My toddler has been very attached to her security blanket, also known as ‘Blanky’. It’s to a point that she wants to bring it to school and gets very upset when I put it to wash. The other day, ‘Blanky’ was in the washing machine and when she realized she stared at it for a few minutes in tears screaming ‘Blanky!!!!! Blanky!!!‘ It was dramatic and emotional, and it took me a while to get her to calm down and wait until Blanky was clean.
A few weeks ago, she was the ring bearer in her Godmother’s wedding. Everything was so beautiful and she was doing very well without her ‘Blanky’. During the ceremony, the baby started to fuss so I went to the back of the church trying to not disturb my friend’s special day too much. J got upset that I left, and started to get anxious. The time to bring the rings was approaching and she was on the edge to start a temper tantrum. My husband made the call and gave her the blanket that was hidden in the backpack. J calmed down as soon as she got her best friend back.
When it was the time for her to bring the rings, I looked and saw my child walking down in this beautiful white dress carrying this fancy box with the wedding bands alongside her inseparable dirty blanket. I just gave my husband a look, I was a bit embarrassed… But, she did it, she walked down all by herself among almost a hundred of strangers, gave the rings to her Godmother and returned back to her dad. It was cute. I think it was perfect because it was J being herself. She feels courageous and safe when holding that blanket, so we need to give her time to transition out of it.
I am not sure when she got so attached to this blanket, but I suspect that it was during my pregnancy and it got a little more intense after the baby came. I wanted to understand this behavior under a developmental point of view so I read some articles online. It was helpful for me to learn that transitional objects are common and helpful during this developmental phase.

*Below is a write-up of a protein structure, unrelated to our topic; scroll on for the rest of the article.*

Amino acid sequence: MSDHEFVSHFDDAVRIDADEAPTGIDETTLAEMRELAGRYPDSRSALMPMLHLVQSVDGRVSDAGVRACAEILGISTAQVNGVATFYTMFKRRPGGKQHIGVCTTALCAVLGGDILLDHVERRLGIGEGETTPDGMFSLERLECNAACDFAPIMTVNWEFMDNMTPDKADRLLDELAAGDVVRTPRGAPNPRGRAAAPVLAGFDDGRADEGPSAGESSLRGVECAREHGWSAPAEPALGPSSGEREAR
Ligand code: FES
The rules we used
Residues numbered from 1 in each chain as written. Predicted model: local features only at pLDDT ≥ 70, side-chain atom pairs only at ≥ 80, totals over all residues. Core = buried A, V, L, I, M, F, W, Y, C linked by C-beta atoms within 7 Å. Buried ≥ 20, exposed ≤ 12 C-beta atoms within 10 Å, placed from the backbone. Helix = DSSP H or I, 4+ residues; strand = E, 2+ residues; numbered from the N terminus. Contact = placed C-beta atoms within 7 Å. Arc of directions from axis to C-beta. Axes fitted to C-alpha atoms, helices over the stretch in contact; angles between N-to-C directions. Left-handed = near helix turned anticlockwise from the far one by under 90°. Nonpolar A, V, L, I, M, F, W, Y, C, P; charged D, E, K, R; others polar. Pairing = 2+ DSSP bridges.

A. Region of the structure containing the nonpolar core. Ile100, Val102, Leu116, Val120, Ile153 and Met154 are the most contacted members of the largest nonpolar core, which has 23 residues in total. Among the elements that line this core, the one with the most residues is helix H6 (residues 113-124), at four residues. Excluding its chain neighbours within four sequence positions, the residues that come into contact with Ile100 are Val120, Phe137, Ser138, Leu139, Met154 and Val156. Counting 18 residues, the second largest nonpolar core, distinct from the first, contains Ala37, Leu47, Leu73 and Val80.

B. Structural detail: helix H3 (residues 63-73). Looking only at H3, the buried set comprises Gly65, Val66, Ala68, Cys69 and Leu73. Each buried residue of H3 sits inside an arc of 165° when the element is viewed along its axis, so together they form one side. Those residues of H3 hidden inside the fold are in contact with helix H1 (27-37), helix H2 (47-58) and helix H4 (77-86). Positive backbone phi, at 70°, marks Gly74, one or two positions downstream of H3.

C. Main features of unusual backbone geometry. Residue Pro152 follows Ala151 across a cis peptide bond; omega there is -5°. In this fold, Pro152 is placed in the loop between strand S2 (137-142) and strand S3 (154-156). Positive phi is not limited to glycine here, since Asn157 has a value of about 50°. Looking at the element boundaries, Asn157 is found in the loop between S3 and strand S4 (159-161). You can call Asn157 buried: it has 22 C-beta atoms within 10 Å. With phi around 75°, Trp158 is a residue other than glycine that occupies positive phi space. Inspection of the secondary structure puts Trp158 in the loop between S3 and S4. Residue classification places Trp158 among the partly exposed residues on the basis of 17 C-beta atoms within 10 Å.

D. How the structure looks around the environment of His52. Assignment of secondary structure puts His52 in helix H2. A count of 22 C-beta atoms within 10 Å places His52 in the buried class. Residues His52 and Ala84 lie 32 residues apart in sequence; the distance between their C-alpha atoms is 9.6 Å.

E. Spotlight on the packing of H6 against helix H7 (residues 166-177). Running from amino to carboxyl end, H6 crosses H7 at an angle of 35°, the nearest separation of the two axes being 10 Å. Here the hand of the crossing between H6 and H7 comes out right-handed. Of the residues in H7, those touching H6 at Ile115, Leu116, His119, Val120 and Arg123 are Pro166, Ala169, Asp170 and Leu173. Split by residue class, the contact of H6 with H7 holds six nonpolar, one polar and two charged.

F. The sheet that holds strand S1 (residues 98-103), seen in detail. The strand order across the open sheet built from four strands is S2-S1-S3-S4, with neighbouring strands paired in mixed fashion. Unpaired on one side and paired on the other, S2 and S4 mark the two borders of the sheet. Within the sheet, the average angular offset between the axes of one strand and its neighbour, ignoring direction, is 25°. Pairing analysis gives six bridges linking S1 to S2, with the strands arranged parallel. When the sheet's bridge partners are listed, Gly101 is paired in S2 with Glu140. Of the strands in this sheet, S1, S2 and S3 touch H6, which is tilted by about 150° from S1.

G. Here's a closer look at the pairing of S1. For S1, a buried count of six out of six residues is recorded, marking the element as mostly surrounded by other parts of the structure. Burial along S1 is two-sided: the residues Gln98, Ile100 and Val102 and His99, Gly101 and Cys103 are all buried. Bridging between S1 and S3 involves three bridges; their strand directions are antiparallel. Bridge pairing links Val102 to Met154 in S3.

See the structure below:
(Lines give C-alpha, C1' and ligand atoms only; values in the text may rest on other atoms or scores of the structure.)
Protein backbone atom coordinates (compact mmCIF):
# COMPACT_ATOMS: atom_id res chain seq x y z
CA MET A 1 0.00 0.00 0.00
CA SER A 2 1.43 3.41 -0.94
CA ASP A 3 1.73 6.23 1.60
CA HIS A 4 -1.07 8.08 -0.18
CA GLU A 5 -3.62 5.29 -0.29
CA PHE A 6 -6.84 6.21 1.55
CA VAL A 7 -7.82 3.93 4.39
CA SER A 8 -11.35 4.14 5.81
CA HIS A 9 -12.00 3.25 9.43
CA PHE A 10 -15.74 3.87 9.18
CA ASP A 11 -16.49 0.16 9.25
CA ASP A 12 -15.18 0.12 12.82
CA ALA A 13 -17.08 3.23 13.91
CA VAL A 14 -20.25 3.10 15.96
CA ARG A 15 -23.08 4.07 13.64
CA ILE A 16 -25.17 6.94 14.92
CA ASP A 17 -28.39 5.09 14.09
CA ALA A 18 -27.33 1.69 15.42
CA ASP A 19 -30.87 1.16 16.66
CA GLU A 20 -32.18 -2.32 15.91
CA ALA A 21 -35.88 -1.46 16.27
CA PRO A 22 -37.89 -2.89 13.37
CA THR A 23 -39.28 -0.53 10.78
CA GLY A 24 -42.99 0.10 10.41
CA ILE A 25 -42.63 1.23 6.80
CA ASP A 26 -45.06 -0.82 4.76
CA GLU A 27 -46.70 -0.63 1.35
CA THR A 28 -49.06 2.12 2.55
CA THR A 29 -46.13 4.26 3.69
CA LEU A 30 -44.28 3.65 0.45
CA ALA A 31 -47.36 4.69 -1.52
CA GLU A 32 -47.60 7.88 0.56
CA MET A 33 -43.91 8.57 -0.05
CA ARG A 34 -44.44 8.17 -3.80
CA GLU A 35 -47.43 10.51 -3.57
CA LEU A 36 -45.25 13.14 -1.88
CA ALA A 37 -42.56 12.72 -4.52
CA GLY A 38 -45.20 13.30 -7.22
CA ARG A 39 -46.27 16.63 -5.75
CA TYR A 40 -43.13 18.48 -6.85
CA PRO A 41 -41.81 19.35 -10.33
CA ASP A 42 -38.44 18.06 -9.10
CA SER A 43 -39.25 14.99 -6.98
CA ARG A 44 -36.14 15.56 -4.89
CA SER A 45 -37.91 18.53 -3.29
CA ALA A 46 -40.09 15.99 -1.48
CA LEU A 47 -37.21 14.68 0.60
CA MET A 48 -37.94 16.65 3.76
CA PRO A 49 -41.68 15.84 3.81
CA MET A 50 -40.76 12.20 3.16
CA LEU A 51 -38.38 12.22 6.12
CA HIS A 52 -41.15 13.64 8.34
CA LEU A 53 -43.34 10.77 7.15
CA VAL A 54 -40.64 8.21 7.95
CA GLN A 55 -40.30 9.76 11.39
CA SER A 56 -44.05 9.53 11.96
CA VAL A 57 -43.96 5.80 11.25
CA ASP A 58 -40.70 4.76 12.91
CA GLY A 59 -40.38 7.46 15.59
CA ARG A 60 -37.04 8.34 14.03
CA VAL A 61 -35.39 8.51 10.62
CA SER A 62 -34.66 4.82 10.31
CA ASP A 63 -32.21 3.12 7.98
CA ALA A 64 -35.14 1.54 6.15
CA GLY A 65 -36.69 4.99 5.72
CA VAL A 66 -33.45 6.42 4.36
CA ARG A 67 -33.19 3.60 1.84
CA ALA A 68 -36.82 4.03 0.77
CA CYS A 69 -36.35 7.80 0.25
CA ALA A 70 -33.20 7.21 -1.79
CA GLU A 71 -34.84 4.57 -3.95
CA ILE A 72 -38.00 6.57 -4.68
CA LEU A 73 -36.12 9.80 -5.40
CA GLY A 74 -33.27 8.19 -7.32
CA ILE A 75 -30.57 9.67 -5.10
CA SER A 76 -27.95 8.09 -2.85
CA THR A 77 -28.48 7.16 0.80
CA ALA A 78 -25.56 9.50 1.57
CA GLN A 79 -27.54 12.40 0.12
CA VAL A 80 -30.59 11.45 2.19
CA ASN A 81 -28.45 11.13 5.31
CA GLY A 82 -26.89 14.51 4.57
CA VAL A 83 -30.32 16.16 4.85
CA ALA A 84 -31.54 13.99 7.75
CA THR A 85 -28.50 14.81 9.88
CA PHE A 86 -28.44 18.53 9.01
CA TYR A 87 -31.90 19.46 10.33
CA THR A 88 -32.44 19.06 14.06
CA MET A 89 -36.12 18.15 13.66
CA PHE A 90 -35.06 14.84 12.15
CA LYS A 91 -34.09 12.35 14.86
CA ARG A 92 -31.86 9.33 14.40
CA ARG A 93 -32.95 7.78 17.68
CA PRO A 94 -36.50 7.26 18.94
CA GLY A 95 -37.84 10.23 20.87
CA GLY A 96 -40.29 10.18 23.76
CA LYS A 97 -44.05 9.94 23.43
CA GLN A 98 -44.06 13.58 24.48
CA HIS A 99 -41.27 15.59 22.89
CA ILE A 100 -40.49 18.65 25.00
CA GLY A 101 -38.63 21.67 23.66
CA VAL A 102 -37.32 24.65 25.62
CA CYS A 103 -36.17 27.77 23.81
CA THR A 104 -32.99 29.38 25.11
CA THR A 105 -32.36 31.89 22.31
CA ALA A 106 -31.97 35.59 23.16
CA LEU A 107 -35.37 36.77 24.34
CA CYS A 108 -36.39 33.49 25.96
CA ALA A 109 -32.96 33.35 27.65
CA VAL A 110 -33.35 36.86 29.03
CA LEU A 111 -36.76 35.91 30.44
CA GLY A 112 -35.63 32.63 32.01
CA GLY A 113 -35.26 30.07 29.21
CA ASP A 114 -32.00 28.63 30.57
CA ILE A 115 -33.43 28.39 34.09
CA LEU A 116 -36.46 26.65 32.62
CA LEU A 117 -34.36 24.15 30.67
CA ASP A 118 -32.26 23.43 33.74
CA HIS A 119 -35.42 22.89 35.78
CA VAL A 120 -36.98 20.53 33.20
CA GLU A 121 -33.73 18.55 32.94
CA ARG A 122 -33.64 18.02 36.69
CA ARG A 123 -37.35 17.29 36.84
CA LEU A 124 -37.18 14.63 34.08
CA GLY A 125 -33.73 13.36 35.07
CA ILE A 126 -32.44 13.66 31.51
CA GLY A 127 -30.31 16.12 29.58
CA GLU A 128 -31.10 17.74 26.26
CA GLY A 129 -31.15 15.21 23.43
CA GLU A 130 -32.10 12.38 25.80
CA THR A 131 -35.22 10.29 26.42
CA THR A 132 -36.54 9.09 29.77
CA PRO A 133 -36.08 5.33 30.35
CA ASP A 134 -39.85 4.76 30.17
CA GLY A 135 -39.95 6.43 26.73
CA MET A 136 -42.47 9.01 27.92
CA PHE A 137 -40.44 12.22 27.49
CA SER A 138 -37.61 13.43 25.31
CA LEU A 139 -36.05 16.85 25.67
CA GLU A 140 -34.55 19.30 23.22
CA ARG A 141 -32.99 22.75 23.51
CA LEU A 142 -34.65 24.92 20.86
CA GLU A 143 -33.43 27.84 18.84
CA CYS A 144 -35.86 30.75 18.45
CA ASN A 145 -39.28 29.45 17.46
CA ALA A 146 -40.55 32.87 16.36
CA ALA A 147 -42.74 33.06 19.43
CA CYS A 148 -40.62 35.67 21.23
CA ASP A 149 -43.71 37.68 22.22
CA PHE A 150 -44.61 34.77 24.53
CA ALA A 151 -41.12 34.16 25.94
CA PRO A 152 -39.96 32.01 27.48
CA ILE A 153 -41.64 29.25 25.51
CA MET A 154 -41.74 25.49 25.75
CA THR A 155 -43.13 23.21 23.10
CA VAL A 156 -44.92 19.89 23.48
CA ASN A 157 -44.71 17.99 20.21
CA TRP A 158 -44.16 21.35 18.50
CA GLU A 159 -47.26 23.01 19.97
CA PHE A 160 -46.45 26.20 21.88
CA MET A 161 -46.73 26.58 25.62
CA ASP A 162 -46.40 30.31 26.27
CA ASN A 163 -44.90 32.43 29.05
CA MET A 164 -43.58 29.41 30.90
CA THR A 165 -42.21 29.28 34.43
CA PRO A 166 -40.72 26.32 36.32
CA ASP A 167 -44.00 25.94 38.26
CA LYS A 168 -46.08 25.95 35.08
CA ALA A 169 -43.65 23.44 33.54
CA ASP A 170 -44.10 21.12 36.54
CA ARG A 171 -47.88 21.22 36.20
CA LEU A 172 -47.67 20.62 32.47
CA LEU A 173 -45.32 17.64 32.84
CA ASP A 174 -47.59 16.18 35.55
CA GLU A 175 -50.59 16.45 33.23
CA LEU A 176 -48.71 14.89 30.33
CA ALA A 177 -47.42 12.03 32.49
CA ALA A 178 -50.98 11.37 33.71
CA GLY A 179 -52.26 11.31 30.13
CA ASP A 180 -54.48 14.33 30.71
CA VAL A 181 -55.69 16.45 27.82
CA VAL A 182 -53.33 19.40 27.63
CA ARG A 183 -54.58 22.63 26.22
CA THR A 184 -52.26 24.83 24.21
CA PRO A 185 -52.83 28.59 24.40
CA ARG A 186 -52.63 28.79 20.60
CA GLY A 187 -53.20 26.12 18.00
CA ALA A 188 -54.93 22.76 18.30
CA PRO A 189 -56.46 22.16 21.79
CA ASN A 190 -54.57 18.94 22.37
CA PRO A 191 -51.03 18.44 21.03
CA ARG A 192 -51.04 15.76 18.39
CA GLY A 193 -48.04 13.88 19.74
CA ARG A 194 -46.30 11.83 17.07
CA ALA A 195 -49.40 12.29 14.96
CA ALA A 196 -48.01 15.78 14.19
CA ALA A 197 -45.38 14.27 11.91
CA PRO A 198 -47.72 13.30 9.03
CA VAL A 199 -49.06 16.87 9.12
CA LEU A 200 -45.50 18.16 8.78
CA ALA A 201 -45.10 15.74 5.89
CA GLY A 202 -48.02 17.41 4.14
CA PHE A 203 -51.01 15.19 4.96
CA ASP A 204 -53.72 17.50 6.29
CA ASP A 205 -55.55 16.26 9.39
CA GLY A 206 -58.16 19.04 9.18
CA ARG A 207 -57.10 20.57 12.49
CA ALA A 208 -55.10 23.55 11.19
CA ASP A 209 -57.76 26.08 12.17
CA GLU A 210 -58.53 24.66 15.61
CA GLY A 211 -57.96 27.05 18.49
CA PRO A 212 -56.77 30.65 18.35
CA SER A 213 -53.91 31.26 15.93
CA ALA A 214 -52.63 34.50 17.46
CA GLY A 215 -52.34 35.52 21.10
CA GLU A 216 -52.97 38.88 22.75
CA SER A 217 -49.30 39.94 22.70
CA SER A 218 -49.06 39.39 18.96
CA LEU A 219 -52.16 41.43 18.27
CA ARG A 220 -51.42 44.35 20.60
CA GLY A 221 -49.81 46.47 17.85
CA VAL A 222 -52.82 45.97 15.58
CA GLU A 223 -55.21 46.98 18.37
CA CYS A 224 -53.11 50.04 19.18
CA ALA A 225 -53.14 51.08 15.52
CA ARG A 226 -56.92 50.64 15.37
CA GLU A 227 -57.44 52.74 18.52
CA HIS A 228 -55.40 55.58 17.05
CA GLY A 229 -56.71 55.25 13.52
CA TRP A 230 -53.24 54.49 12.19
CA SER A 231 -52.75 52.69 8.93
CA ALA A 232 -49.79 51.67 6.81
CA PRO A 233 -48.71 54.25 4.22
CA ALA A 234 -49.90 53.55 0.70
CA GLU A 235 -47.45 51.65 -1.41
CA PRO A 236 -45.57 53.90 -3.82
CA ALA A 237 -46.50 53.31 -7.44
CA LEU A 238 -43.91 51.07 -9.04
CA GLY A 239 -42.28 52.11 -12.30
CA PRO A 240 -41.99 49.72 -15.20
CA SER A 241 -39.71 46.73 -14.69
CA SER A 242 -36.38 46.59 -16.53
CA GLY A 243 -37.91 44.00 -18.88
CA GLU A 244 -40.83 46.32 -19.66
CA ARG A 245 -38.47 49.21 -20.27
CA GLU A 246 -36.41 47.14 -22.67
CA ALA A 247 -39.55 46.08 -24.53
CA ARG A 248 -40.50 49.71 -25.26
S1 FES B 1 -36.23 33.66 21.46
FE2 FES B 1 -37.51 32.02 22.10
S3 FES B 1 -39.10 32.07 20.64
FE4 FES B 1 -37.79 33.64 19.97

Below is an excerpt of the article from the American Academy Pediatrics.
“Security objects such as blankets are part of the emotional support system every child needs in his early years.
Your child may not choose a blanket, of course. He may prefer a soft toy or even the satin trim on Mom’s bathrobe. Chances are, he’ll make his choice between months eight and twelve, and he’ll keep it with him for years to come. When he’s tired, it will help him get to sleep. When he’s separated from you, it will reassure him. When he’s frightened or upset, it will comfort him. When he’s in a strange place, it will help him feel at home.
Despite myths to the contrary, transitional objects are not a sign of weakness or insecurity, and there’s no reason to keep your child from using one. In fact, a transitional object can be so helpful that you may want to help him choose one and build it into his nighttime ritual.”
We will let J take her time with her ‘Blanky’ and we hope to never lose it!
Wishing you all a happy Friday! Enjoy some toddler singing below 🙂